A huge winter snowstorm that is making its way through the Midwest and in the Central American region of the United States has left more than a foot of snow in parts of Missouri and contributed to at least five deaths, according to Saturday authority.
relocated to Kansas and Nebraska from the Rocky Mountains on Friday, then east to Missouri, Iowa, Illinois and Indiana, along roads and making driving dangerous.
Part of Interstate 44 near St. Louis was blocked for several hours and at one point Missouri The state patrol warned of traffic delays of up to eight hours
. The storm is expected to spread eastward with snow between 3in and 6in of snow in the Washington area, including parts of northern and central Maryland, by Sunday. Meteorologists have said that the heaviest snow and the largest quantities could fall in the mountainous areas north of Interstate 64, such as Charlottesville and Staunton, Virginia.
Missouri had the worst storm on Saturday, with the National Weather Service reporting more than a foot of snow in some places around St. Louis and Jefferson City, and more than 1
At least five people were killed in accidents on slippery roads in Kansas and Missouri. They included a 14-year-old woman and stepdaughter whose car slid to the sidewalk of a Clinton semitrailer, about 80 miles south-east of Kansas City, on Friday, reported the Missouri Highway Patrol. Another woman died when her car slipped on US24 in northern Missouri and was hit by an SUV.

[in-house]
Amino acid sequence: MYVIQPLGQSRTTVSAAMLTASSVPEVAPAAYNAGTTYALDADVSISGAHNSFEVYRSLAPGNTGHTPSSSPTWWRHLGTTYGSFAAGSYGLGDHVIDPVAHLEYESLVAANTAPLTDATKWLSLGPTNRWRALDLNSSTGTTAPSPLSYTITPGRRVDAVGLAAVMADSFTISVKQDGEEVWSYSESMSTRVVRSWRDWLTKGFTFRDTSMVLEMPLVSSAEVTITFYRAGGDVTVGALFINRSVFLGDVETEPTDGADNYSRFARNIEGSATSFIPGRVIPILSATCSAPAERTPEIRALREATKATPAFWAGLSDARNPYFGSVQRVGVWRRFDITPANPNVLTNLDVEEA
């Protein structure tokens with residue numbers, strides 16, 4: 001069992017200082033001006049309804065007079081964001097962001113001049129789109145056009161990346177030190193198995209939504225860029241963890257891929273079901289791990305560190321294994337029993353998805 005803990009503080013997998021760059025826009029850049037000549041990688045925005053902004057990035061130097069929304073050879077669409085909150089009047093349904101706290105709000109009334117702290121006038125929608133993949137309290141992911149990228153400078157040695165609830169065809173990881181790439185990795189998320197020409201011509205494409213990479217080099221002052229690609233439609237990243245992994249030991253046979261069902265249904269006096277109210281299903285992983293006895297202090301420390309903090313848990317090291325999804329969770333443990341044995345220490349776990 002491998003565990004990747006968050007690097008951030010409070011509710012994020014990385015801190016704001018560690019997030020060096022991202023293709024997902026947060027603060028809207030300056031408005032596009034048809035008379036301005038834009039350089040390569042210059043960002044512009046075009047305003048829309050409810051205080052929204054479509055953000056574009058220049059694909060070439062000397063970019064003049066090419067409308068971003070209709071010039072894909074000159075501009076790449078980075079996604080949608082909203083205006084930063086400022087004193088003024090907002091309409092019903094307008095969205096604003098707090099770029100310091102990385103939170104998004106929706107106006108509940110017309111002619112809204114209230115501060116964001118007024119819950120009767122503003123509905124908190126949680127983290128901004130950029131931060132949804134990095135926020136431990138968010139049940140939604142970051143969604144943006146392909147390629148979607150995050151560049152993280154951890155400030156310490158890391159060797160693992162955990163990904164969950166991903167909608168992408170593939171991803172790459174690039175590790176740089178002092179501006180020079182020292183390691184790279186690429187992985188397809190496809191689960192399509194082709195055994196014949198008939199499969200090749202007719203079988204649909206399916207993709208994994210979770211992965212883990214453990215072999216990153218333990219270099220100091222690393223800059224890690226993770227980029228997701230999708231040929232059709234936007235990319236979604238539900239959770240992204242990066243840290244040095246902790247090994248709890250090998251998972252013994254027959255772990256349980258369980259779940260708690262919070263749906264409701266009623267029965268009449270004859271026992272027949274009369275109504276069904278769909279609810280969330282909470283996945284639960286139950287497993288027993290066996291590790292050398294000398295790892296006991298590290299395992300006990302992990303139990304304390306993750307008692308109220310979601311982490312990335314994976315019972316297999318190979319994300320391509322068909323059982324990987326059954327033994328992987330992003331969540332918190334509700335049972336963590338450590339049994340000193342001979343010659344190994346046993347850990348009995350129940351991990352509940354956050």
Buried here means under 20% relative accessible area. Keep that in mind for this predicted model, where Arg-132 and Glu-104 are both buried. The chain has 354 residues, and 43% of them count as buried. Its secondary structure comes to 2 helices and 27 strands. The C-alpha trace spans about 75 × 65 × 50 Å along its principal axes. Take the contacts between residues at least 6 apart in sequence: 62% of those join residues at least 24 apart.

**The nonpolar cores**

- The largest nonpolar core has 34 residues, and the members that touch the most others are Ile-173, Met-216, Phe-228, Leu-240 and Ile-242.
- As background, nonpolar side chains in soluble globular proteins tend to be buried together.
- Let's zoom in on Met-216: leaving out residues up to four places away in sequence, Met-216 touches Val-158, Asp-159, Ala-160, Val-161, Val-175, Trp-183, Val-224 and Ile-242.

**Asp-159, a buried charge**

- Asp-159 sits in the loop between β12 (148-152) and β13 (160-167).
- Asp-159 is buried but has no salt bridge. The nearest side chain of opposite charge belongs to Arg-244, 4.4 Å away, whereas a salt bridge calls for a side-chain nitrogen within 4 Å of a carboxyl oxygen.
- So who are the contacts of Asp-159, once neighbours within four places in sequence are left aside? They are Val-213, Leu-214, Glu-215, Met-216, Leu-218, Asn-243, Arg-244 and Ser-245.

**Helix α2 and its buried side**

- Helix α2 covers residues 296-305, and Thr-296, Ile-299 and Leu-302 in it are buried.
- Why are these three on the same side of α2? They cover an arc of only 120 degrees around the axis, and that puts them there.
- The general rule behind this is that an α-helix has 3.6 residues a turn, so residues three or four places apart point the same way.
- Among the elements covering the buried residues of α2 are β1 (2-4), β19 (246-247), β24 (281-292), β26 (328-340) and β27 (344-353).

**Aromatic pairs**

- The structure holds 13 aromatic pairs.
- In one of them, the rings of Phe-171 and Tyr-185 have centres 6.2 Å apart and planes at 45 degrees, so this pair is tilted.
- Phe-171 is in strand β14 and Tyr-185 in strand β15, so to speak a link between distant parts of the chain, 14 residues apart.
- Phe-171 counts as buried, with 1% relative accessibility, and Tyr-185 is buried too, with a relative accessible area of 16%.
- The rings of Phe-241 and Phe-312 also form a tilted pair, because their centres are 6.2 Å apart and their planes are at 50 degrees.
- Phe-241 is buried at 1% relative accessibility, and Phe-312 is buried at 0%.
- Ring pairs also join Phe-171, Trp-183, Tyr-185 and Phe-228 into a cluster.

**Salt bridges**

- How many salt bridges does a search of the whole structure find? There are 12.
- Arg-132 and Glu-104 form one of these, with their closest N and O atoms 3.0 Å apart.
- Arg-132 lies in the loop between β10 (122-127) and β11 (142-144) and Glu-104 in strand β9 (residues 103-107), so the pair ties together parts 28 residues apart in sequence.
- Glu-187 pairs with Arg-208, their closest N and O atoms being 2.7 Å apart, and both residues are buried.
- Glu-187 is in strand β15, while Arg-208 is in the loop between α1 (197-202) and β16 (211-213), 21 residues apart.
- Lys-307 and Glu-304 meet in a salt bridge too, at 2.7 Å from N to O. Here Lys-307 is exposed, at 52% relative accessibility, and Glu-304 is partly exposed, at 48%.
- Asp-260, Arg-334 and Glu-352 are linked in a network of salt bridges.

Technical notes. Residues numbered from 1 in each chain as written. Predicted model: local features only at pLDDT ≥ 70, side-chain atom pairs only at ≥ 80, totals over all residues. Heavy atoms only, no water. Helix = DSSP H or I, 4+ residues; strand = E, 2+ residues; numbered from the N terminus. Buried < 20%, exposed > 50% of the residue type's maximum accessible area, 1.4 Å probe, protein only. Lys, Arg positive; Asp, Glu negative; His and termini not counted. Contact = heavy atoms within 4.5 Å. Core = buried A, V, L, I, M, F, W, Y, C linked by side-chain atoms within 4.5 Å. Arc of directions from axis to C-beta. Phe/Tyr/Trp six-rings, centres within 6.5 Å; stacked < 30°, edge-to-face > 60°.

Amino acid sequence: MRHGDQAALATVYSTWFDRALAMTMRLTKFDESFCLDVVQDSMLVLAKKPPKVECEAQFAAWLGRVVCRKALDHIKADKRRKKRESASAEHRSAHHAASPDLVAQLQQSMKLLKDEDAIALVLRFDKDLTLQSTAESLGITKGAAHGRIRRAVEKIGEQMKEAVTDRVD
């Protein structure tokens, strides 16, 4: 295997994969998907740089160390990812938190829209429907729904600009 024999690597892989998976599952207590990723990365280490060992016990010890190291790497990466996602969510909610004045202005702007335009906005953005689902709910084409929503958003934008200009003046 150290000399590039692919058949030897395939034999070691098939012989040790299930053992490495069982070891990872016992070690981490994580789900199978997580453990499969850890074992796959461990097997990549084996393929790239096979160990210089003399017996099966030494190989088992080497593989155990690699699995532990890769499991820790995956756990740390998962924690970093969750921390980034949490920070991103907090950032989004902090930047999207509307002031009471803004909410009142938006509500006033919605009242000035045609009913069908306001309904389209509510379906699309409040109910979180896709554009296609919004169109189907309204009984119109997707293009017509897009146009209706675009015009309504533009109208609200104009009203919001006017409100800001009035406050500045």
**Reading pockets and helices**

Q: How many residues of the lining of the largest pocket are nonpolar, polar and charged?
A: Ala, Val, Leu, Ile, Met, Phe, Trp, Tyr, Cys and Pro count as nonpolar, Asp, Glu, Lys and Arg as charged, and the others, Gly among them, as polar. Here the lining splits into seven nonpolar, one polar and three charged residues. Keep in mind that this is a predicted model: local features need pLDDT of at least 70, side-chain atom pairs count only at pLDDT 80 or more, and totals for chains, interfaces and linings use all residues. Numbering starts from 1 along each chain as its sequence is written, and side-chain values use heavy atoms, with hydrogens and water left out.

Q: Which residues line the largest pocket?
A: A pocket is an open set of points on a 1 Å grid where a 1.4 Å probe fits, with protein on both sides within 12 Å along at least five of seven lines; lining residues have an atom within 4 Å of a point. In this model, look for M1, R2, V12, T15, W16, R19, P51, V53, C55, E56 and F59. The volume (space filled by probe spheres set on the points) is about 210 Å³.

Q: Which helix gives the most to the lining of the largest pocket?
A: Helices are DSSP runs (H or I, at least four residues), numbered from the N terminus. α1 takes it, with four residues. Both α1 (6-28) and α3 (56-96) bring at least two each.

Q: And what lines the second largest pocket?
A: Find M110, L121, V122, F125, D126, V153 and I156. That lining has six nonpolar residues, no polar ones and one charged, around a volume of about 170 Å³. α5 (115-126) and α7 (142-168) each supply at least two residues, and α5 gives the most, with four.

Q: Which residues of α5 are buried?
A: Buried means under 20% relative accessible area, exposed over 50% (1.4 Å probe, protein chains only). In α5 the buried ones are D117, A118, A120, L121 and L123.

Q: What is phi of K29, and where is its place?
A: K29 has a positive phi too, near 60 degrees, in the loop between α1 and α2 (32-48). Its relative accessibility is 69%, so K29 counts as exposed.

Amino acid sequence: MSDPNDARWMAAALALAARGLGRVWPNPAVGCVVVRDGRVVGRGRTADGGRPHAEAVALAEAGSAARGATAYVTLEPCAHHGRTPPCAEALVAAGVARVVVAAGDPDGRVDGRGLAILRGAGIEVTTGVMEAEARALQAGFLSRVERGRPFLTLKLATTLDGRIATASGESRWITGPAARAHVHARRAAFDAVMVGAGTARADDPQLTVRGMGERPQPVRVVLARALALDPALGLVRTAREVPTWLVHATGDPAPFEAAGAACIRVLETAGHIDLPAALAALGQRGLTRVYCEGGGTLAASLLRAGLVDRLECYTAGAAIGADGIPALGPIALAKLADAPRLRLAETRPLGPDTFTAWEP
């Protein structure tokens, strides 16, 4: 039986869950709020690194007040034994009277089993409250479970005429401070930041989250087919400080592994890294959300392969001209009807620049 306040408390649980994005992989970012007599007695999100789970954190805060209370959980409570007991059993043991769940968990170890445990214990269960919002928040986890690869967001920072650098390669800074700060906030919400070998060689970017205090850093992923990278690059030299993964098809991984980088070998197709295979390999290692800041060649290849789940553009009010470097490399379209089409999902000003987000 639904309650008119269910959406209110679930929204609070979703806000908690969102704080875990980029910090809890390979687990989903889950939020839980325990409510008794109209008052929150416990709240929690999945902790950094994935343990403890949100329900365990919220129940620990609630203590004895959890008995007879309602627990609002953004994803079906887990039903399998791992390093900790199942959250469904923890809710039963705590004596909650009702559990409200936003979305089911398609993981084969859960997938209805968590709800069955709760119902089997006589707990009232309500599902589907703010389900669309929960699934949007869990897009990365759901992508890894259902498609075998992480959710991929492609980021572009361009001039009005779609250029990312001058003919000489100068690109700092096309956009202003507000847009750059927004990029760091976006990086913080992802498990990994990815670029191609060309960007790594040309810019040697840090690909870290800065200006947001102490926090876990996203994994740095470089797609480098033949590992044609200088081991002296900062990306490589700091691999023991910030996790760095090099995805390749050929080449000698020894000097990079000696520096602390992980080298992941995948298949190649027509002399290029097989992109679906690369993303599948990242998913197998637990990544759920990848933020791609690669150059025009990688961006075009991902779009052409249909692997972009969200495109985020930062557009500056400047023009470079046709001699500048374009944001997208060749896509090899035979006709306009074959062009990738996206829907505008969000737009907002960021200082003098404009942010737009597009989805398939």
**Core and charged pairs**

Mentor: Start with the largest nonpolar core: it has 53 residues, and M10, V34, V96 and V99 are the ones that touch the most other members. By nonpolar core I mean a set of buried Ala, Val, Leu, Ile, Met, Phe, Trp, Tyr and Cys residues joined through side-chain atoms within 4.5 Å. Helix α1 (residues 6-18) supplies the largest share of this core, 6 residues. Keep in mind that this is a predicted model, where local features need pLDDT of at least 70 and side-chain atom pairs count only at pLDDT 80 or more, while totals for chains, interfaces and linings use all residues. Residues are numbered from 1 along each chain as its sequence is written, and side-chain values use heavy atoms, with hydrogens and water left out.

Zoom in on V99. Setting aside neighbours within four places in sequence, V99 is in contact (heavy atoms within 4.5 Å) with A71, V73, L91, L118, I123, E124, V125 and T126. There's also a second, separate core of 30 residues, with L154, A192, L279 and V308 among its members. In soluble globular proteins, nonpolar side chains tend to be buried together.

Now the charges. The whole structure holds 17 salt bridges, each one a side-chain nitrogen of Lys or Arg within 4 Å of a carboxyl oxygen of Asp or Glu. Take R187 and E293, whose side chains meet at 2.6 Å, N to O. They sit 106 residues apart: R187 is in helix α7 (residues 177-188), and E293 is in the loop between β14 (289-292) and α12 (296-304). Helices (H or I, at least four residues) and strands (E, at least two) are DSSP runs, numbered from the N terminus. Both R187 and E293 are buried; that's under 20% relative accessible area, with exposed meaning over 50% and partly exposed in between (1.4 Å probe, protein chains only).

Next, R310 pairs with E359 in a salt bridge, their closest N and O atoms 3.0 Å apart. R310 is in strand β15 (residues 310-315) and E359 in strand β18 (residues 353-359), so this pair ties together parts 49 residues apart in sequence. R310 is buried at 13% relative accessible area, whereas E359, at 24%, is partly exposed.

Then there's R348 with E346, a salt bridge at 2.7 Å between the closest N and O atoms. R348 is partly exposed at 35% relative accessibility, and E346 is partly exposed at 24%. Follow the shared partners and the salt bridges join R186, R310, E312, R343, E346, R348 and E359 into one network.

In Kansas, a 62-year-old man died after his pickup swerved over the Kansas Turnpike and hit a concrete barrier, according to the patrol. Another incident involving two semitrailers in snow conditions killed a 41-year-old pilot from Mexico, the patrol said.
"We expect even more snow to date, so we ask drivers to stay home until the roads are cleared," said Missouri Police Sgt. Sgt Collin Stosberg. "If you have to go out on the street, we ask you to do three things: have your cell phone fully loaded, wear a seat belt and slow down the speed for conditions."
Missouri soldiers responded to more than 3,000 calls for help until the first Saturday afternoon, including over 700 incidents and 1,300 stranded vehicles. Illinois State Police said troops along the Mississippi River in front of St. Louis responded to more than 100 incidents.
At Lambert International Airport in St. Louis, most flights have been canceled or delayed. In central Missouri, officials said around 12,000 families and businesses were powerless in Colombia and the surrounding area at some point.